Downturn doesn't mean career's kaput

By Charles Strachey

August 11, 2016 12:00 AM

Sometimes the career ladder is lateral

Dear Working Wise:
I’m feeling bored and burnt out at my job, but I can’t leave because there are not a lot of other jobs right now. What can I do to feel better about my career?
Signed, Burnt Out

Dear Burnt Out:
The economy may have slowed down, but that doesn’t mean your career has to lose momentum.
You might want to try career laddering to inject some excitement back into your work day.
Career laddering is simply looking for career opportunities that fit the needs of your organization.
Career laddering can help you:
• Gain new skills and use more of the skills you enjoy
• Make changes that lead to recognition and promotion
• Meet new people and develop your network of people
• Build a better fit between your work and personal life
• Increase your job satisfaction.
First, think about where you are and where you want to be:
• What do you like about your work? What are you good at? Are you using those skills?
• What attracted you to your current job or organization? Has anything changed since?
• Does your job reflect the training and experience you’ve gained since you started?
• Does your job support changes in your personal life, e.g., marriage, parenthood, etc.?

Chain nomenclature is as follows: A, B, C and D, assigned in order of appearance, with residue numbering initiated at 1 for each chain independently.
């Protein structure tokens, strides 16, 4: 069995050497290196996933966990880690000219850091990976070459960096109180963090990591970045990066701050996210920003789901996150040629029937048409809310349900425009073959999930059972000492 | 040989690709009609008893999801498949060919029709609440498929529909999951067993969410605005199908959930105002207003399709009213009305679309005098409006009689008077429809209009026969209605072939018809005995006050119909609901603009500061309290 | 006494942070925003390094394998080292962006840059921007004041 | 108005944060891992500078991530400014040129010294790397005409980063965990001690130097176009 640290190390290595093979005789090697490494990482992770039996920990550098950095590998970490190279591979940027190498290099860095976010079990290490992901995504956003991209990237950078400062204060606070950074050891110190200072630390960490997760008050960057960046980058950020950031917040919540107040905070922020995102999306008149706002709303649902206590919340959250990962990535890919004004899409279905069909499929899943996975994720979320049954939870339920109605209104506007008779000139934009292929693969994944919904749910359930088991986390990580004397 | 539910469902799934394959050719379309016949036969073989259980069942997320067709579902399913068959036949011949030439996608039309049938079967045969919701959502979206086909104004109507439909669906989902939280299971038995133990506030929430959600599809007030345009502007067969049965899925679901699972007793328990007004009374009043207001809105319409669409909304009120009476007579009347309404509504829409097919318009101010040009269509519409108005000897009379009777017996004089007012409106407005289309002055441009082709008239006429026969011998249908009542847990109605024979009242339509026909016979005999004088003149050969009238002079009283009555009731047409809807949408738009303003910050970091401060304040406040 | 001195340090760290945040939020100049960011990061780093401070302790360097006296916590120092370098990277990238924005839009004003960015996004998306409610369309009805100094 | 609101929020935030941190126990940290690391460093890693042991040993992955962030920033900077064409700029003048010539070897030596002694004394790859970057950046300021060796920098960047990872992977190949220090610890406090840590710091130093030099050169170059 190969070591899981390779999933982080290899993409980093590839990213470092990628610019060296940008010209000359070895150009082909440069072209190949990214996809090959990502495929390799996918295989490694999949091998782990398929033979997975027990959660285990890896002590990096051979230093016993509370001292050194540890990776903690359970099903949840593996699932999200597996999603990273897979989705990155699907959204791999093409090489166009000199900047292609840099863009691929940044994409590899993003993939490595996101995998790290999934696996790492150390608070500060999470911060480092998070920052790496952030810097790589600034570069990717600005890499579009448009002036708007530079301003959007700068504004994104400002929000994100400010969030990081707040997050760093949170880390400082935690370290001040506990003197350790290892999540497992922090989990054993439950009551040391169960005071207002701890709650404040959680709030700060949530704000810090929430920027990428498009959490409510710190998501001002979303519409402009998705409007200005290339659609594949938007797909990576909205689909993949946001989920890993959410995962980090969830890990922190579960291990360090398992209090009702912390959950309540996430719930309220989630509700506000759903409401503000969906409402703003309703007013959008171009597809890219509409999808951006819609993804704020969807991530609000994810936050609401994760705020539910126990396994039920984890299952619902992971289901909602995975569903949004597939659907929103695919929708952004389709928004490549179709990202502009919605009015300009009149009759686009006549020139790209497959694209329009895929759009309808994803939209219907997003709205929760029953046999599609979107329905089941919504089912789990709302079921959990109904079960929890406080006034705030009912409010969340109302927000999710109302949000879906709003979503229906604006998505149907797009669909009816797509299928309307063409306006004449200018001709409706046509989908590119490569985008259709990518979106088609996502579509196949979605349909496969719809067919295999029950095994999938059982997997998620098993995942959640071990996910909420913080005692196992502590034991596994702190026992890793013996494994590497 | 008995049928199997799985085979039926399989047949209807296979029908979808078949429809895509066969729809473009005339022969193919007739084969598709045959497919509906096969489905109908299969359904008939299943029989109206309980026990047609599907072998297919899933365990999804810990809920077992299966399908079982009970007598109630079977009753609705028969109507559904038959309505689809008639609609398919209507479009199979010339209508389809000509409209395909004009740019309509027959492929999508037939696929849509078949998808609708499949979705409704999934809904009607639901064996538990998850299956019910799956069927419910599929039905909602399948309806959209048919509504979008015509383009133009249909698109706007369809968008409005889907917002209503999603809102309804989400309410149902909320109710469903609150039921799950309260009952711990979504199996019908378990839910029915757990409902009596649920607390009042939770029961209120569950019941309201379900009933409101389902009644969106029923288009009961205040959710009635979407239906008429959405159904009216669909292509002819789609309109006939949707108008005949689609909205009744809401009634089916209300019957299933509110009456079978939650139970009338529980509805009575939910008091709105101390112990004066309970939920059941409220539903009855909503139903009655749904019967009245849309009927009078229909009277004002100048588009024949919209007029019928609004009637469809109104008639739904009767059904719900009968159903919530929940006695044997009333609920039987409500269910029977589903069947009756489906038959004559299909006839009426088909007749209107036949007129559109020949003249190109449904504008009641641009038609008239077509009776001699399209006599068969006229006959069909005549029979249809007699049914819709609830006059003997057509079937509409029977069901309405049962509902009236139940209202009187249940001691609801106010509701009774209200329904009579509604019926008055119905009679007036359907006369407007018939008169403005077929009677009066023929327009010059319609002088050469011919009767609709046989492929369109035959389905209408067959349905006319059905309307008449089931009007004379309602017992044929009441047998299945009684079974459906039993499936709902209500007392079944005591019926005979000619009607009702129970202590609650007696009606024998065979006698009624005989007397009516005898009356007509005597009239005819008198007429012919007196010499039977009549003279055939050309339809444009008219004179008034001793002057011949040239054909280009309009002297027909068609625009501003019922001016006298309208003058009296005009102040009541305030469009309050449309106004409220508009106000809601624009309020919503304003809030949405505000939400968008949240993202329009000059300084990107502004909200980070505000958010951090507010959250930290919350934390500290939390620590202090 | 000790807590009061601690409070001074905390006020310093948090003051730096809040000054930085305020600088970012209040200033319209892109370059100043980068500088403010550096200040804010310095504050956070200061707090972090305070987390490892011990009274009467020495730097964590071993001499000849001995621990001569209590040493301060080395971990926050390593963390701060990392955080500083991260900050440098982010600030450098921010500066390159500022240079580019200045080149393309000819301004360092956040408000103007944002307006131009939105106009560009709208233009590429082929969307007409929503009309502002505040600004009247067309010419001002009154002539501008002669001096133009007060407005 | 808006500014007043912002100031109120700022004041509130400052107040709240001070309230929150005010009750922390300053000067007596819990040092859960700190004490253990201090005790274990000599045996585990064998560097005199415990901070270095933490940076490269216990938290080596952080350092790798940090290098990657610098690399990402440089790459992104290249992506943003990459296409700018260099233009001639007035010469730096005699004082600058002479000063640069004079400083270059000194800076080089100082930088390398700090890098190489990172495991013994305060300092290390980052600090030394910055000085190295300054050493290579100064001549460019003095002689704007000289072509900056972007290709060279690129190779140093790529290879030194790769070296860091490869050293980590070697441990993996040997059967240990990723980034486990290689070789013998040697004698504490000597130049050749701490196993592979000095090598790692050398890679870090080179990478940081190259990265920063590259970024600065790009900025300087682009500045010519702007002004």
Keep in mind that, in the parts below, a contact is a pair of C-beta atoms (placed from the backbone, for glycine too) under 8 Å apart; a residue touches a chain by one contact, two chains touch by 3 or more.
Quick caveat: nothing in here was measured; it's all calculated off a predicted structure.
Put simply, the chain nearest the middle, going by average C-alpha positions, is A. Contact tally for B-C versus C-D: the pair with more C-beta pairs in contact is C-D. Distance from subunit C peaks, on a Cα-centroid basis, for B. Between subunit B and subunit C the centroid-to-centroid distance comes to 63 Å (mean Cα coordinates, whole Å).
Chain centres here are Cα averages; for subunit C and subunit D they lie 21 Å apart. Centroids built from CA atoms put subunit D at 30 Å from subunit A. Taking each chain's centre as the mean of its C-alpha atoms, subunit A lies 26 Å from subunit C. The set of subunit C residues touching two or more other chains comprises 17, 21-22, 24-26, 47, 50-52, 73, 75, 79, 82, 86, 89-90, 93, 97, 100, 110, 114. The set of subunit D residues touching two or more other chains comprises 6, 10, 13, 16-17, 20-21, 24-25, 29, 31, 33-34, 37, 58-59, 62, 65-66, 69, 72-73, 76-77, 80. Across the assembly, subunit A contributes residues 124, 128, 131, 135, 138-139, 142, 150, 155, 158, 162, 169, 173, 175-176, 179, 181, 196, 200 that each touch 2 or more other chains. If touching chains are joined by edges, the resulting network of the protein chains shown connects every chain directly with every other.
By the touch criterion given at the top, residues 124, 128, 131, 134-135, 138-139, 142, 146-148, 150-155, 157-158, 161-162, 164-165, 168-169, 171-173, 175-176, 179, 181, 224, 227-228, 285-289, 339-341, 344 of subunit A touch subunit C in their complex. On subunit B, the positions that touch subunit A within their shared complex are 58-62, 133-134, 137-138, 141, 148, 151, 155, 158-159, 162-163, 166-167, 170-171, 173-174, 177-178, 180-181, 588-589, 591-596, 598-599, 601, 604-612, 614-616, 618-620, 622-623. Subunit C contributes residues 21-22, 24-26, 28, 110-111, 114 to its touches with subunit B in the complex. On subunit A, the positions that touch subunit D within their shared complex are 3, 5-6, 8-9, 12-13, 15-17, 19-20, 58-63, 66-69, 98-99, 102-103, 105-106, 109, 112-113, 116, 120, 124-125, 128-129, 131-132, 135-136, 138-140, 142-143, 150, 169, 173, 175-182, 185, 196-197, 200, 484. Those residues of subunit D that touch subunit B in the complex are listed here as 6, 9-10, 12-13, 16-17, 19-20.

• Does your work conflict with your values?
Second, think about changes that could increase your satisfaction at work:
• Job carving: can you redesign your job so you’re doing more of the work you find
• Lateral move: can you move into another position that interests you more?
• Training: can you upgrade your skills so you can make a lateral move or qualify for a
Taking action is a great way to shake off the frustration of feeling trapped.
• Be on the lookout for on-the-job learning opportunities, acting or developmental roles, and chances to learn new skills through cross-training.
• Change-up your day-to-day work by offering to coach junior staff or get involved in special projects or long-term planning.
Take on new challenges, volunteer for projects or to work at a different location—anything to expand your skills and experience.
Maintain your network of contacts both inside and outside your organization to help you discover potential new career directions.
Third, talk to your boss about the changes you have in mind.
Your supervisor may be more open-minded and flexible than you think—especially if your ideas fit with their needs and the needs of the organization.
Aligning your job and career with your values, passions, lifestyle and long-term goals will help you shake those negative feelings and renew your enthusiasm about your job and your future.
For more information, read the ALIS tip sheet on Career Laddering at
Good luck!

Send your questions to Working Wise, at Charles Strachey is a manager with Alberta Human Services.

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